04 May 2022

Graphic image of proton therapy at the gentry facility

Two major new studies conducted by scientists from the American Cancer Society (ACS) indicate an increase in the use of proton radiation therapy (PLT) for the treatment of cancer patients in the United States over the past decade. However, black patients were less likely to receive PLT than whites, and racial inequality is growing. The results of the study were published in the JAMA Network Open.

"We found that nationwide, between 2004 and 2018, the use of PLT for the treatment of all cancers falling into the corresponding category increased. This is especially true for those tumors for which PLT is the recommended method of radiation therapy," said Dr. Leticia Nogueira, senior researcher in the Department of Health Research at the American Cancer Society and lead author of both studies. "Of particular concern is the fact that, as it turned out, racial inequality has grown along with the increase in the availability of PLT in the United States."

Proton therapy is a method of radiotherapy used to destroy cancer cells. Unlike traditional (photonic) radiation therapy, high-energy proton beams are used in PLT, which more accurately affect neoplasms and less damage the surrounding healthy tissues. Proton treatment is more effective than photons in the treatment of tumors with complex anatomy, tumors surrounded by sensitive tissues, as well as oncological diseases in children. PLT can be twice as expensive as treatment with traditional radiation therapy.

For both studies, the researchers used the National Cancer Database, an oncological registry compiled with the help of hospitals and sponsored by the American College of Surgeons in conjunction with ACS. This database includes more than 1,500 medical institutions accredited by the Commission on Oncological Diseases, and accumulates information on the treatment of more than 70% of patients with diagnosed cancer in the United States. To evaluate the PLT models, these data were analyzed in accordance with the provisions of the American Society of Radiation Oncology (ASTRO). The document lists the types of cancer for which PLT is the recommended treatment method, and also those for which the effectiveness of protons is still being evaluated.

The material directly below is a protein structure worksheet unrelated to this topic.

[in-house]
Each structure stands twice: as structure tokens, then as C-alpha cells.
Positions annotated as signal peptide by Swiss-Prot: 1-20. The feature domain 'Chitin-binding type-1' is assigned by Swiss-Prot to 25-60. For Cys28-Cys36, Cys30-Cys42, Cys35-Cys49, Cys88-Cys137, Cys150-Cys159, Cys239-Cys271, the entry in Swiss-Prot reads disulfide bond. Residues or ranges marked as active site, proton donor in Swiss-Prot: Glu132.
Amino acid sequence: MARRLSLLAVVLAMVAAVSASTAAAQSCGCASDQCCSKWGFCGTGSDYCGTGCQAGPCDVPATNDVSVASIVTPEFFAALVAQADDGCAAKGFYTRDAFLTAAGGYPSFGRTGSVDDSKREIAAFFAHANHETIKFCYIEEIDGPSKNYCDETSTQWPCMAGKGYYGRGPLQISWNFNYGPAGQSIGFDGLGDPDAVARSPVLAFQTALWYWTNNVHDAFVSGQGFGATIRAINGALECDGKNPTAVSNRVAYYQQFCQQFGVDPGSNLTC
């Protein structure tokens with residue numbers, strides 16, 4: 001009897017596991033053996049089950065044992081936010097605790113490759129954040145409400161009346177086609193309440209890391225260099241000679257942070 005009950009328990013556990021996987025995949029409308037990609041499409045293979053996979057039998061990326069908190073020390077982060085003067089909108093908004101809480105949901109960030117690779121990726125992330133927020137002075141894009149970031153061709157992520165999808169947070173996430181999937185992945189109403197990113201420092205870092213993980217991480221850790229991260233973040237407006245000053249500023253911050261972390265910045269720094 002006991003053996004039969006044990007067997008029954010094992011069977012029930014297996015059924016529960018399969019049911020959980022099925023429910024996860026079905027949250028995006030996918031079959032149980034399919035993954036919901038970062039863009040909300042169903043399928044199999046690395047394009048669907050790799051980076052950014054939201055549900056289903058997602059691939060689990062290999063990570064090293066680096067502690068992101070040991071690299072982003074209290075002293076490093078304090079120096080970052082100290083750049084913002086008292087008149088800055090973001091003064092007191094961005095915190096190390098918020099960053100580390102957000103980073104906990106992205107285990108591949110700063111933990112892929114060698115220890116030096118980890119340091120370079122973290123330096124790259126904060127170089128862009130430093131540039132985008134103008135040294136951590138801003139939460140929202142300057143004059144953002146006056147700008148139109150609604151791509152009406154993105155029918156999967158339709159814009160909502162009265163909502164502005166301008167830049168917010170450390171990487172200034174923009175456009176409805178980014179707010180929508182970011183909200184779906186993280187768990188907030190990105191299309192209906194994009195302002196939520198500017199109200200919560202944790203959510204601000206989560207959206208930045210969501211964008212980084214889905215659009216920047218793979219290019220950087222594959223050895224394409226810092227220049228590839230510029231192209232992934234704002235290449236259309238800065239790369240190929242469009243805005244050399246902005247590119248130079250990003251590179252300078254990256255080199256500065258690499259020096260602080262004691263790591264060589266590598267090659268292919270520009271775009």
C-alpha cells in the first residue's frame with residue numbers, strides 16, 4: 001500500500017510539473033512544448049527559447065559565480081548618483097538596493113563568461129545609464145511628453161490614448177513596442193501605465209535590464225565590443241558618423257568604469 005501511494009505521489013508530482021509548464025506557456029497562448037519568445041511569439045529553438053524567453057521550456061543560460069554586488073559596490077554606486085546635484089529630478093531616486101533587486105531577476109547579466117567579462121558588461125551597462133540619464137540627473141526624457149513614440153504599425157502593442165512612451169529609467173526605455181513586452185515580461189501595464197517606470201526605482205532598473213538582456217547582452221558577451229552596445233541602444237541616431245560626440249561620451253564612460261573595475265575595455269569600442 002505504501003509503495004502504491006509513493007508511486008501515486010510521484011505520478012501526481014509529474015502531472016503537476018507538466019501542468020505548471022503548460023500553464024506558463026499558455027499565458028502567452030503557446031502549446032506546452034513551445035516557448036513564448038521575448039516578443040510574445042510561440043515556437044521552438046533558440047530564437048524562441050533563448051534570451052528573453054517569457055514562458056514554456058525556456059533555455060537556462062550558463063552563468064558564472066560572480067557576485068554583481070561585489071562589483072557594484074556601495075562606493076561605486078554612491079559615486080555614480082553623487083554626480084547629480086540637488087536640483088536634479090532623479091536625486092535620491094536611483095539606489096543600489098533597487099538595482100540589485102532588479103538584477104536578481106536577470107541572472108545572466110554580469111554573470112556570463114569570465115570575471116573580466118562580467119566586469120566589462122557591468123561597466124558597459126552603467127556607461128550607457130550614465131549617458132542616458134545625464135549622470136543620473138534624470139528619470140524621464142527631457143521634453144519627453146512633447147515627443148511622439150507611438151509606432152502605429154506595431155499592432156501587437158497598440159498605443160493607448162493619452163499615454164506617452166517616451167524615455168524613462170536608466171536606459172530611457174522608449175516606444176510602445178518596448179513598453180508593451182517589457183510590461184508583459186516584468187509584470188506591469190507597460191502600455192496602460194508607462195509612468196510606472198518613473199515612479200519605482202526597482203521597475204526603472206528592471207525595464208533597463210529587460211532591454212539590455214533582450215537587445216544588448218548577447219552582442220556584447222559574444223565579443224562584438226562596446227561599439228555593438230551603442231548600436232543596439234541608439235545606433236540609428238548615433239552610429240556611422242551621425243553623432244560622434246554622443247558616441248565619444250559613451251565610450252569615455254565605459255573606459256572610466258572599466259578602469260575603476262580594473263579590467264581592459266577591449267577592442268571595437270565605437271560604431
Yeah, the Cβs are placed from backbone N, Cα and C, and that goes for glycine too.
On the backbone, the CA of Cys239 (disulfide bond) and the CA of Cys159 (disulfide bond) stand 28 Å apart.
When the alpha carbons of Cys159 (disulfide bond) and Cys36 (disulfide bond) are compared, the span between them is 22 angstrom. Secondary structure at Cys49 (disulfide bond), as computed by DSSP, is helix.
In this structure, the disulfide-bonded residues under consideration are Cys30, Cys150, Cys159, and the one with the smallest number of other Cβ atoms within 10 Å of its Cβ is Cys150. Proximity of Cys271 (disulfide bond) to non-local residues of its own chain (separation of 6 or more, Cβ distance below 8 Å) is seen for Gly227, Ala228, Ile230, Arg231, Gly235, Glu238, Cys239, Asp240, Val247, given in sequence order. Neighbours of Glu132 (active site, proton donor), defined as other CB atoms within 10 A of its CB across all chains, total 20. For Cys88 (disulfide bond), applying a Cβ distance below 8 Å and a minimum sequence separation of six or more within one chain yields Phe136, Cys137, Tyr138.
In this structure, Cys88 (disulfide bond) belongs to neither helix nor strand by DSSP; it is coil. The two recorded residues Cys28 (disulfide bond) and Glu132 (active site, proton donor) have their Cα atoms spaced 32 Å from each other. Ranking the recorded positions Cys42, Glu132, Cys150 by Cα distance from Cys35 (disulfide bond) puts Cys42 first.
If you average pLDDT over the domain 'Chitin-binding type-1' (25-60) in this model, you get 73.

The data of almost six million patients with newly discovered oncological diseases were analyzed. In general, proton treatment in the United States increased from 0.4% in 2004 to 1.2% in 2018. Private health insurance was the most common type of financing among patients to whom PLT was recommended as radiation therapy. While the state Medicare program most often paid for the treatment of patients treated with protons for cancer, for which the effectiveness of this method is still being studied.

The researchers also found that black patients were less likely to receive treatment with PLT than white patients (0.3% vs. 0.5%), especially for oncological diseases for which PLT is recommended instead of photon radiation therapy. It is important to note that racial inequality in the availability of PLT increased with the increase in the number of proton centers in the United States, and this inequality persisted after additional comparison by socio-economic status or type of health insurance.

"Our results unfortunately highlight the fact that black patients are still less likely to benefit from advanced medical technologies such as PLT, despite the increased availability of recommended treatments," Dr. Nogueira added. "To eliminate this inequality, additional measures will be required in addition to increasing the number of medical institutions providing PLT."

The original news can be read here

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